MEXICO CITY — Mexico narrowly avoided slipping into a recession during the first half of 2019 as gross domestic product grew by a fraction in the second quarter, data showed on Wednesday, but economic weakness persisted across the board.
A preliminary estimate published by the national statistics agency showed that Mexico’s economy, Latin America’s second largest, expanded by 0.1% in the April-June period from the previous quarter, when adjusted for seasonal swings.
A Reuters poll of economists had forecast GDP would be flat compared with the first quarter, when the economy shrank by 0.2% quarter-on-quarter. The statistics office is due to publish final data for the second quarter on Aug. 23.
During the first half of 2019, the economy grew 0.3% in adjusted terms from the same period a year earlier.
William Jackson, an economist at Capital Economics, said the data painted the picture of a struggling economy, arguing it could encourage Mexico’s central bank to cut interest rates.
“The key point is that this is still really, really weak,” he said. “We had already been penciling in a rate cut. Given the weakness of the economy and the way inflation is coming down, there is a reasonable chance of a (rate) cut in August.”
Economists generally define two consecutive quarters of negative GDP as a technical recession, though there is no established global definition for the phenomenon.
While Mexico may have narrowly avoided a recession, its economy has been underperforming for over a year – a point made by Jonathan Heath, a deputy governor of the central bank appointed by President Andres Manuel Lopez Obrador’s government.
“The average annual growth of the last five quarters is 0.04%, which if you want to round it to a single decimal, is 0.0%,” Heath wrote on Twitter.
A breakdown of Mexican GDP data shows that primary activities, including agriculture, declined by 3.4% during the second quarter from the previous quarter, while secondary activities, such as manufacturing, were flat.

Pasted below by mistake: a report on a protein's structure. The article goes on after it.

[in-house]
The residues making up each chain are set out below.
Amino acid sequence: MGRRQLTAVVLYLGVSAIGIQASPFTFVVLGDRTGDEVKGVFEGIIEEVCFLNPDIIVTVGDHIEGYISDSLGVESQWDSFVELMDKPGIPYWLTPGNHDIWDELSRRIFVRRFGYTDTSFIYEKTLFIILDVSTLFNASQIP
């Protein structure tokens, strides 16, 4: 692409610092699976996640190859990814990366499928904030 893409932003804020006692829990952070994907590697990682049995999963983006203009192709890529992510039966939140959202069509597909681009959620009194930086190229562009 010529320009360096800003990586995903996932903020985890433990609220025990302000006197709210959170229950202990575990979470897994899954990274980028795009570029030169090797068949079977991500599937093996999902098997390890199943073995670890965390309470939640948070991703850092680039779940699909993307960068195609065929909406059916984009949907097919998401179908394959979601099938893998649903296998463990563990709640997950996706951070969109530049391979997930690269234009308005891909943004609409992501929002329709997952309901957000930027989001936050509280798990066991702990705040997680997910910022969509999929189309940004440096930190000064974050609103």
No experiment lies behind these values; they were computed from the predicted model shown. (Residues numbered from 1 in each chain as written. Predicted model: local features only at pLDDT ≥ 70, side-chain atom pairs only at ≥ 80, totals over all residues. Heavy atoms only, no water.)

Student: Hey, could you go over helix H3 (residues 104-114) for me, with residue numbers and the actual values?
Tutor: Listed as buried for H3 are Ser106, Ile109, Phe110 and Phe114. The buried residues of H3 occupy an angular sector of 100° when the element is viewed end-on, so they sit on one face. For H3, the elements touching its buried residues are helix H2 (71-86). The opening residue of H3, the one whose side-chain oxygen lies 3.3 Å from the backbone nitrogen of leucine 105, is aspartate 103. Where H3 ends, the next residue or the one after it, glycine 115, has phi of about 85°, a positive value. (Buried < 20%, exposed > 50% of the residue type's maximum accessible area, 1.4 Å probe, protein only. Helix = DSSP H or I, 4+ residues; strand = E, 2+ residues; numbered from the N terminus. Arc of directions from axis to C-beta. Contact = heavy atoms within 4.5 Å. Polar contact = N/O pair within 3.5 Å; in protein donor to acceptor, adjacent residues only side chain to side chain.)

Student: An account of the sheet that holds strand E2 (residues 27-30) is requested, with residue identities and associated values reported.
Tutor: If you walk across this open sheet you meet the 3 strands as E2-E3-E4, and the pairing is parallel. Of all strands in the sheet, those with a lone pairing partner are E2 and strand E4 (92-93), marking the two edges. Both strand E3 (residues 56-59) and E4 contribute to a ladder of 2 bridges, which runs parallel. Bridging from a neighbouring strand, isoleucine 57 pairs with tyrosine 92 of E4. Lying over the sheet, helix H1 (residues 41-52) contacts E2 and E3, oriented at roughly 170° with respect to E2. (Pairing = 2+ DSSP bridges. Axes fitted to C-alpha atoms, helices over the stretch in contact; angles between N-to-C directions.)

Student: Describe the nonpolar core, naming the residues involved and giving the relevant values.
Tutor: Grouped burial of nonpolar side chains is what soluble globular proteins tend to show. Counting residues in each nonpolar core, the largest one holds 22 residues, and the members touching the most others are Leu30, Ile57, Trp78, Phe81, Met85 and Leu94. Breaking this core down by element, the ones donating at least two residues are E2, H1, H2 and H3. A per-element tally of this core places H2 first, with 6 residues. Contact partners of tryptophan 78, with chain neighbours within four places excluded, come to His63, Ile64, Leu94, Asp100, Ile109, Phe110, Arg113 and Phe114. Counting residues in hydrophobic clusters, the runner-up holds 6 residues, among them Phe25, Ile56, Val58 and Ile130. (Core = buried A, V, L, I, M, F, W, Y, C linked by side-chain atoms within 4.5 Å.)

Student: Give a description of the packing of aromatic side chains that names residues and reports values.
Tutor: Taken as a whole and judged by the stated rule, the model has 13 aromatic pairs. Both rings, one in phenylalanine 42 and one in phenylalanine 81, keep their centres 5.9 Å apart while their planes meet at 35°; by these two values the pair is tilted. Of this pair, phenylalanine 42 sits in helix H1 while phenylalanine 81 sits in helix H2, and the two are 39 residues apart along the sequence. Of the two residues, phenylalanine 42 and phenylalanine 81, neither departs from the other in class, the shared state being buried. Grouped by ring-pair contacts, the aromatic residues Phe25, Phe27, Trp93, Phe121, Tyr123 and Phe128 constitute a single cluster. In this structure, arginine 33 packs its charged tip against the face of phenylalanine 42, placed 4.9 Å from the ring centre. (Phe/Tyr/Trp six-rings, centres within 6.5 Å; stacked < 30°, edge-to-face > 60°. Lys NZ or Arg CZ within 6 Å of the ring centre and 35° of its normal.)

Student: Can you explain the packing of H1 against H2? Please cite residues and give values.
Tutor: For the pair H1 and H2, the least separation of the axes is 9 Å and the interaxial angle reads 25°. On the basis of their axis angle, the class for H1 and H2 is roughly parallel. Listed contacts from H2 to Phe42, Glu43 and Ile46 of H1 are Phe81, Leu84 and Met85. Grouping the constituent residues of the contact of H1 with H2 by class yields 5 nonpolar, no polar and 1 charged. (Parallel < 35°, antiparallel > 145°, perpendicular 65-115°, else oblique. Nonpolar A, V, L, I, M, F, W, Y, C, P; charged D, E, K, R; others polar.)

The meager growth was fueled by a 0.2% rise in tertiary activities, which include retail and services.
The government, however, denies that the economy is struggling. Lopez Obrador called the GDP figures “very good news” at his morning news conference, casting them as a rebuke to his critics.
Finance Minister Arturo Herrera echoed that optimism.
“We don’t believe we’ll enter a phase of negative growth in the next two quarters. In fact, we expect much more dynamic, positive growth in the second half of the year,” he said.
But perhaps mindful of the sluggish economy, the finance ministry earlier this week unveiled a $25 billion stimulus package aimed at ramping up growth.
Ariane Ortiz, an analyst at Moody’s, said the stimulus plan is likely to have a “limited impact” on the economy and saw no need to tweak the credit rating agency’s forecast of 1.2% Mexican growth in 2019 and 1.5% in 2020.
In fact, the risk was that those forecasts would need to be lowered, she said.
Investor confidence in Mexico has been shaken by some of the decisions made by Lopez Obrador, a leftist exponent of economic nationalism who took office in December vowing to reduce chronic inequality and deliver average annual growth of 4%.
In particular, the president’s decision to cancel a partly built, $13 billion airport for Mexico City and his retreat from the prior government’s opening of the oil and gas industry to private capital have raised doubts about his economic credentials.
During the past few months, private and public sector analysts have pared back their growth forecasts for Mexico, with some now predicting little expansion at all in 2019.
Lopez Obrador has said he expects growth of 2% this year.
The president has attacked critics of his policies as supporters of what he has characterized as a corrupt “neo-liberal” era that preceded his time in office.
However, he has also had to contend with the risk of economic disruption from the United States – the destination for around 80% of Mexico’s goods exports – because of tensions with U.S. President Donald Trump over illegal immigration.
In adjusted terms, the economy grew by 0.4% in the second quarter in comparison to the same period a year earlier. In unadjusted terms, it shrank by 0.7%, the figures showed. (Reporting by Dave Graham & Anthony Esposito; additional reporting by Sharay Angulo and Diego Ore; editing by Cynthia Osterman, Steve Orlofsky and G Crosse)